- Supervised & Unsupervised ML: These are the two typical scenarios of inference mapping. Supervised Learning means that the AI cores, learn from an existing pre-labelled dataset. For example, identification of a market microstructure incident we have seen and well documented in the past. Unsupervised Learning involves analysis and discovery of patterns in raw datasets to surface new insight. This could be for example a process of discovering trading clusters in a dataset that show similar behaviour.
- Deep Learning: This is regarded as the new generation of AI algorithms, mainly consisting of different architectures of deep stacked Neural Networks. These AI structures have shown superior performance in solving even the most difficult problems and are capable of surfacing better insight from more complex feature sets.
- Reinforcement Learning: This approach tries to imitate the way we humans learn by experience. An AI agent is allowed to explore the digital twin of an environment. As the agent takes decisions it is introduced with the appropriate rewards. The agent learns to navigate the problem space in a way that it will maximise its rewards. Any problem can be tackled using the methodology provided sufficient environment modelling.
After the definition of the appropriate learning genre, we have a pool of algorithms that can be used from within the genre e.g., if the solution involves supervised regression, we could pick cores such as regression trees or regression Neural networks. It is always useful to also pick some statistical methods to use as baselines to evaluate the AI cores. Complex AI cores are sometimes difficult to maintain or interpret and can be very computationally intensive. It is therefore important to be able to be able to determine the performance increase achieved from baseline models to justify the decision of deploying AI solutions. Next steps within this phase include generation of a training, testing, and evaluating environment as well as training and optimizing the cores. Finally, we need to evaluate the trained AI to see how much business value it can deliver.
Machine learning operations
Once the team is satisfied with the choice of methodology and its results, we need to move forward to one of the most important steps of the AI pipeline close to software engineering. Having an optimised AI at hand without deploying it is not particularly useful. The end-customer of the product needs to be able to access the results in a way that elevates her user experience. The AI team needs to have a plan at hand on how to deploy the models, what tech stacks will be used as well as how the model results will be served and visualised. However, even after productionisation, the phase is far from over. In fact, MLOps is a process that governs the AI pipeline from start to finish. Moreover, in AI there is a concept that is described as CACE, Changing Anything, Changes Everything! A small change at any step in the pipeline can cascade in such a way that can affect the entire pipeline. It could be some data drift, a change in the distributions of the data or even something on a hardware level, e.g., the introduction of a faster data provider API that cannot be managed from the ingestion process. Whichever the case, there needs to be a governing automated lineage process able to redeploy the entire pipeline and apply the new changes without breaking the software solution. Luckily these days we have many new frameworks that do exactly that, they allow us to manage the entire AI pipeline, rapidly innovate and easily redeploy to production with high precision.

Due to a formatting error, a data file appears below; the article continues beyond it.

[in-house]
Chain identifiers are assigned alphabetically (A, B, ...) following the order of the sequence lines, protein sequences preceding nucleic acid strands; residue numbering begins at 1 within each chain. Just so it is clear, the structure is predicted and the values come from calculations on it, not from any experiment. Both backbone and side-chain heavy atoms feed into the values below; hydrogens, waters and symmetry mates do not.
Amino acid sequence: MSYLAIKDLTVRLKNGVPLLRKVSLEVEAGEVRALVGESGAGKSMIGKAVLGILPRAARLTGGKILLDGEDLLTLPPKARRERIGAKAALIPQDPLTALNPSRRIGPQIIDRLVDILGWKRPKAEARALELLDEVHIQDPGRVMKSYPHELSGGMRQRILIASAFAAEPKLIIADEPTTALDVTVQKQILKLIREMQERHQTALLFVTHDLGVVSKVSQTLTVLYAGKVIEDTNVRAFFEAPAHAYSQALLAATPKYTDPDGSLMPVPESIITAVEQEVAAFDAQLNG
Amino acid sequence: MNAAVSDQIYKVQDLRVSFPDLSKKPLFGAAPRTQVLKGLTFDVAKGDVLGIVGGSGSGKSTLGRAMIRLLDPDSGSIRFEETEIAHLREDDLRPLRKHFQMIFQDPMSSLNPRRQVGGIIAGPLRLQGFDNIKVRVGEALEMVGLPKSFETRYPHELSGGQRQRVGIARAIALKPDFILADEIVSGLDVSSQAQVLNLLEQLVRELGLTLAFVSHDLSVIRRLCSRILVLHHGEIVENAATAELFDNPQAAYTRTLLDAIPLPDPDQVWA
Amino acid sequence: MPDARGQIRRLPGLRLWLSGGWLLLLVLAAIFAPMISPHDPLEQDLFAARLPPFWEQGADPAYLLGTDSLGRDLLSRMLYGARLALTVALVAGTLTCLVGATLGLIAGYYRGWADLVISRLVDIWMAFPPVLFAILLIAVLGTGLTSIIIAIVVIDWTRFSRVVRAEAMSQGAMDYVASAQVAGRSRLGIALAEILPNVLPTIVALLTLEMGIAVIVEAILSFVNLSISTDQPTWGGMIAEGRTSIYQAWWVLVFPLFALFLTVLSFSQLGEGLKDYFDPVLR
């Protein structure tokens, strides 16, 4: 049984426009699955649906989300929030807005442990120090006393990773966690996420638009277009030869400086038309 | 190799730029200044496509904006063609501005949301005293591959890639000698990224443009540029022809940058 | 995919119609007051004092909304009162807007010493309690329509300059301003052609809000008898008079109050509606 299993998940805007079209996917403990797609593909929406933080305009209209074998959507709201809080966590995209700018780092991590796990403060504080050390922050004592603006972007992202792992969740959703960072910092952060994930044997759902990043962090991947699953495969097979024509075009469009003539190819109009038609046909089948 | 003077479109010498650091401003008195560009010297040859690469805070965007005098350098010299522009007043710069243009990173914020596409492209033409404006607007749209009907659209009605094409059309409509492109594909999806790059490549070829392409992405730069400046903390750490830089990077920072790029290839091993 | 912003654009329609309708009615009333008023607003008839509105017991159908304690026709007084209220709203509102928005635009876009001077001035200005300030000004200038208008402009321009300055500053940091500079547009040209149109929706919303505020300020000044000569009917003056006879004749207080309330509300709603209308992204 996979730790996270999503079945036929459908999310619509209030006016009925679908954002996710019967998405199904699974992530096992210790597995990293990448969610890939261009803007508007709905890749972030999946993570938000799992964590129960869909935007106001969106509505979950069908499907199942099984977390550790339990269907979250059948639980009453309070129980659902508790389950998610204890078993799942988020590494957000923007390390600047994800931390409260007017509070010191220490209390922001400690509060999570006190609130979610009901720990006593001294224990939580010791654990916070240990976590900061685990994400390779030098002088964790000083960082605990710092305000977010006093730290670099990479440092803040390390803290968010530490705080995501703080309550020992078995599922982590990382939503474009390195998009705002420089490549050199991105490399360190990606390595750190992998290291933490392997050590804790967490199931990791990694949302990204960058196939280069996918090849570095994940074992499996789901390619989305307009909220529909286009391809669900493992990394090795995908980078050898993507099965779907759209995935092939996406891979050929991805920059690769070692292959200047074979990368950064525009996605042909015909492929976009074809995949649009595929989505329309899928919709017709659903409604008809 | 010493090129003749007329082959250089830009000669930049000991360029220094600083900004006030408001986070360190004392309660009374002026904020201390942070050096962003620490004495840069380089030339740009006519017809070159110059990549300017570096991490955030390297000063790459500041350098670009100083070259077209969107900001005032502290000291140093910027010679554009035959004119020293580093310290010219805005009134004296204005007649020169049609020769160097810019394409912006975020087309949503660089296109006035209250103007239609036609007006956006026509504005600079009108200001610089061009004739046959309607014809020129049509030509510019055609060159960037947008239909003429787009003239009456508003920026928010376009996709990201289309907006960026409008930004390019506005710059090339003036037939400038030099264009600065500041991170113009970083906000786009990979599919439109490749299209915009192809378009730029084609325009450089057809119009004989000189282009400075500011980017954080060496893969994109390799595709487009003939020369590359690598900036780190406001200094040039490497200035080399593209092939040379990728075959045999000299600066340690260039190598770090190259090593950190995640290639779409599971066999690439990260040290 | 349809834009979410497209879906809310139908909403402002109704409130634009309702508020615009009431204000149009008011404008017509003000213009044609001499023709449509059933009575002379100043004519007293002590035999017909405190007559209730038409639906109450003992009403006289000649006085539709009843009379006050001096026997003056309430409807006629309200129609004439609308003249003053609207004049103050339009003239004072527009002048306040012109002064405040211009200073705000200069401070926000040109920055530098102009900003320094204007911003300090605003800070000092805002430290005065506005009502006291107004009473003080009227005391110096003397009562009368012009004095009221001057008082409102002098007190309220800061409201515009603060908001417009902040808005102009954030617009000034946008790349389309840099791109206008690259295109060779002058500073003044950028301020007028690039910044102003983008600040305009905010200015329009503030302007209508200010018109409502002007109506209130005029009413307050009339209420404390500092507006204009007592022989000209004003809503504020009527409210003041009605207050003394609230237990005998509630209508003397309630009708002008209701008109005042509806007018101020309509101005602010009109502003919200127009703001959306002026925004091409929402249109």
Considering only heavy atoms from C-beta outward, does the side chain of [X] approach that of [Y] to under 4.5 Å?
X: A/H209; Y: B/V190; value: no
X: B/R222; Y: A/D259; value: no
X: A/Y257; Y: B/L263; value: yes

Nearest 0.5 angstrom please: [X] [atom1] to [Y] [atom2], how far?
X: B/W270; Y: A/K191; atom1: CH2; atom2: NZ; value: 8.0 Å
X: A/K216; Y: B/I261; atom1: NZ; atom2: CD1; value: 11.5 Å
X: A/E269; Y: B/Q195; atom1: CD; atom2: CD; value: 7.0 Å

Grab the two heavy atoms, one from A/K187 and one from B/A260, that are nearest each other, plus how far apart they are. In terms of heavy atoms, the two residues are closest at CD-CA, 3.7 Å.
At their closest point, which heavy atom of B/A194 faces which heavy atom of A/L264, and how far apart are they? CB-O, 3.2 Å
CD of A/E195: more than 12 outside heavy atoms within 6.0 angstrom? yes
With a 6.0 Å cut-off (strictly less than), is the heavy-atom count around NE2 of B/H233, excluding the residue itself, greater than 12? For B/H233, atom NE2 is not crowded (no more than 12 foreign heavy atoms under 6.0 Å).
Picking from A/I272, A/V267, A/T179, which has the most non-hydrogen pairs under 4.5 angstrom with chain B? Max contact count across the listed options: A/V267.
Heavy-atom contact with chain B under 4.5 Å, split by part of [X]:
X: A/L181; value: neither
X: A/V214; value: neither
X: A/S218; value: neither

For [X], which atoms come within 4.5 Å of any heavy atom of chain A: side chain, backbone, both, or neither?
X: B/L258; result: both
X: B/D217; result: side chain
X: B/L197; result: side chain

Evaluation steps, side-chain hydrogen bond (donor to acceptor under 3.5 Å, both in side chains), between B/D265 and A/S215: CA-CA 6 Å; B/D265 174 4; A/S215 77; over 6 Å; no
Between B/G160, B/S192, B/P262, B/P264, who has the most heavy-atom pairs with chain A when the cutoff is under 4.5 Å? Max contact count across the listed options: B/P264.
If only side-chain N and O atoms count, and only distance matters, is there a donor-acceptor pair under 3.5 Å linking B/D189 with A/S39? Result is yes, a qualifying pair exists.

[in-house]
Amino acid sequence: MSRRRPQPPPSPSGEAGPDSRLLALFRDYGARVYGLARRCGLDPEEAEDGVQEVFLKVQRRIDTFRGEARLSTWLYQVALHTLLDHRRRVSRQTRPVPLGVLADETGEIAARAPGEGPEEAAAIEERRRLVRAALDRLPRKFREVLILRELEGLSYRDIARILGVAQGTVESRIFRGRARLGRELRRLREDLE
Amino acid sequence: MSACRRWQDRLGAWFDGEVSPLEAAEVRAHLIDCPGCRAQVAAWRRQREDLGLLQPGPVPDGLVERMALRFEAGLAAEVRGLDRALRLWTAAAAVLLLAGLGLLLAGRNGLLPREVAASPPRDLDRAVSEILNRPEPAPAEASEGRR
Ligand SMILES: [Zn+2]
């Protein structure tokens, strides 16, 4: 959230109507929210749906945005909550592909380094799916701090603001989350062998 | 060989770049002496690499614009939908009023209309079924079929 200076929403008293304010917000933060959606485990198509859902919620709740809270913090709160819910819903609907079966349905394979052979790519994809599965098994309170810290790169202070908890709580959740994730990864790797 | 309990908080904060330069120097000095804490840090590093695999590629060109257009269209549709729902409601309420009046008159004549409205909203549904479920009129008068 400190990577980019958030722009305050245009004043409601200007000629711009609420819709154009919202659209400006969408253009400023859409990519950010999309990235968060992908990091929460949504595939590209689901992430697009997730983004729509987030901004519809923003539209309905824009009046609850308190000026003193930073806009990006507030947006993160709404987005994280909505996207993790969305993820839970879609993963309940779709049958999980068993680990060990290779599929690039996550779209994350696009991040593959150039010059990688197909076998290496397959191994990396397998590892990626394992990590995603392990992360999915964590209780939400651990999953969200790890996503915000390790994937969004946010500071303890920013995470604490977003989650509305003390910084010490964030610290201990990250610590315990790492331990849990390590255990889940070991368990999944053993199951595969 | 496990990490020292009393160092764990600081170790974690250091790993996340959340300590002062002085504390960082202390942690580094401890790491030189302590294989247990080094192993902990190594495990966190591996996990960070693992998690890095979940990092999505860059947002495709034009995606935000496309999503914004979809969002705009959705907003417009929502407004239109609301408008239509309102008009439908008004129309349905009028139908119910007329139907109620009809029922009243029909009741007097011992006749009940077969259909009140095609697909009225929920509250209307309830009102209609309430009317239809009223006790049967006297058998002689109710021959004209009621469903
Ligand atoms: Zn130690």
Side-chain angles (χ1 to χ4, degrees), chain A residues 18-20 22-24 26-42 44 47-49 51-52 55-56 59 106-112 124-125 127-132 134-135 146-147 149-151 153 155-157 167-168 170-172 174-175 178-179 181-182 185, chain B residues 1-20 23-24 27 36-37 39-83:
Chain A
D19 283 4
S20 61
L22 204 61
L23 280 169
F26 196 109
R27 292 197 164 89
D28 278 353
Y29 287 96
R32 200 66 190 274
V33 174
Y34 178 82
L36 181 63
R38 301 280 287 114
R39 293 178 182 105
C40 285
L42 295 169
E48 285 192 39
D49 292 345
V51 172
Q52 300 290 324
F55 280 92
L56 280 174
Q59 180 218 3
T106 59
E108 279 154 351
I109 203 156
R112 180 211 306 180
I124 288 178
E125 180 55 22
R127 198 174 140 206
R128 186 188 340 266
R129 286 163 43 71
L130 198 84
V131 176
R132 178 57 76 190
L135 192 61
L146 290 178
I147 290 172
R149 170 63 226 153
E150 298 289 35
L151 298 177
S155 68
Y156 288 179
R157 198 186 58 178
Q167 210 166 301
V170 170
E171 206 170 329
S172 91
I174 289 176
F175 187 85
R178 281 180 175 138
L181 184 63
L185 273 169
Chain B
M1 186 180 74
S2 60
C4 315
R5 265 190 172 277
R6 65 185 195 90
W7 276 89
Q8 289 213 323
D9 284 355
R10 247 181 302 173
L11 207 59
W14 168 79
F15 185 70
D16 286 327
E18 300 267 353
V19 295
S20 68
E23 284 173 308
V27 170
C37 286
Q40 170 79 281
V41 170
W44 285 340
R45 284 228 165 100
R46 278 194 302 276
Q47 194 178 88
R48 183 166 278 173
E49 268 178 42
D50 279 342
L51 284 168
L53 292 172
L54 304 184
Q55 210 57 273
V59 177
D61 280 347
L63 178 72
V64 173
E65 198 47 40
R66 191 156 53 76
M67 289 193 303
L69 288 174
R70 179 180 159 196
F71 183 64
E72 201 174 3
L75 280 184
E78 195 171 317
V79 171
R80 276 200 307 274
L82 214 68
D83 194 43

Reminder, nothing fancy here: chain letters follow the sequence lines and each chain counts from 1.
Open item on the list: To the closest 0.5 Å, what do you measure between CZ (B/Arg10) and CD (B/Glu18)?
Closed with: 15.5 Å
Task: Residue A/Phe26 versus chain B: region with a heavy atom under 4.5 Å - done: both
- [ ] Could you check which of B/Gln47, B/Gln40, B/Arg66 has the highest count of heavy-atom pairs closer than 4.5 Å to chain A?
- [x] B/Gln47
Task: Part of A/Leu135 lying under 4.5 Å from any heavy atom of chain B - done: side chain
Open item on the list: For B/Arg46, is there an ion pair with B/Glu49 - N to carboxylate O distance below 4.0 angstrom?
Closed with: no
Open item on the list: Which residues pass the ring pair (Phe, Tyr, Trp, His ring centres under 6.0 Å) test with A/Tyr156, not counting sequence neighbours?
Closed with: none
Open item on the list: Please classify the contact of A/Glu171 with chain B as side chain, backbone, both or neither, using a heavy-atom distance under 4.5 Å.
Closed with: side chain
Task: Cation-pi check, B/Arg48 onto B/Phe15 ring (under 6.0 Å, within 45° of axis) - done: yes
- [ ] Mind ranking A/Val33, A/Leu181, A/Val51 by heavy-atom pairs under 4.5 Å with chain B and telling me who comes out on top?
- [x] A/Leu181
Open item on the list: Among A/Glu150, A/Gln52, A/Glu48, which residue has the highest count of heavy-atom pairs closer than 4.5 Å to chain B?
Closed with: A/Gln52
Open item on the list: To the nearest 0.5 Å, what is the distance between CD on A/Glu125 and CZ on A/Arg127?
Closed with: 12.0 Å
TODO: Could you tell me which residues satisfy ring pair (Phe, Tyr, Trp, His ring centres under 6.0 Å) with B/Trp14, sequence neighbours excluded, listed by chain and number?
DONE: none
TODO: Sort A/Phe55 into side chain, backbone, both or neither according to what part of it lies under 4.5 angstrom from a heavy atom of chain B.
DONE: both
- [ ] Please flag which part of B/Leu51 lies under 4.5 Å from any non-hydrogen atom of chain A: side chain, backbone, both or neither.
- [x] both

Measuring business value
While this is not per se a separate step of the AI pipeline, we feel that it is indeed one of the very important deliverables that the pipeline should contain. This phase belongs to the wider AI project lifecycle and follows successful deployment. It is very different than the evaluation of the cores on historical data e.g., a back-test of a trading AI which we know that can contain quite a bit of bias before deployment. The idea here is that as we are trying to enhance an existing process through the use of AI we should be able to answer the question, Have we succeeded at delivering enough value to justify the use of AI? The team should have quantifiable performance indicators that pre-exist the AI and use A-B testing to prove that the AI has indeed delivered an increase in business value. It could be for example a scenario of paper trading an AI system while the prior trading process is in place and comparing the P&L of those two directly.
For each of the AI lifecycle phases in the pipeline, you can find a dedicated sub-landing page containing numerous blueprints explaining techniques that can be used in the context and applying them to example financial datasets. These blueprints are also coupled with relative, wider use case articles you will be able to use as a starting sandbox environment for experimentation depending on your business use case.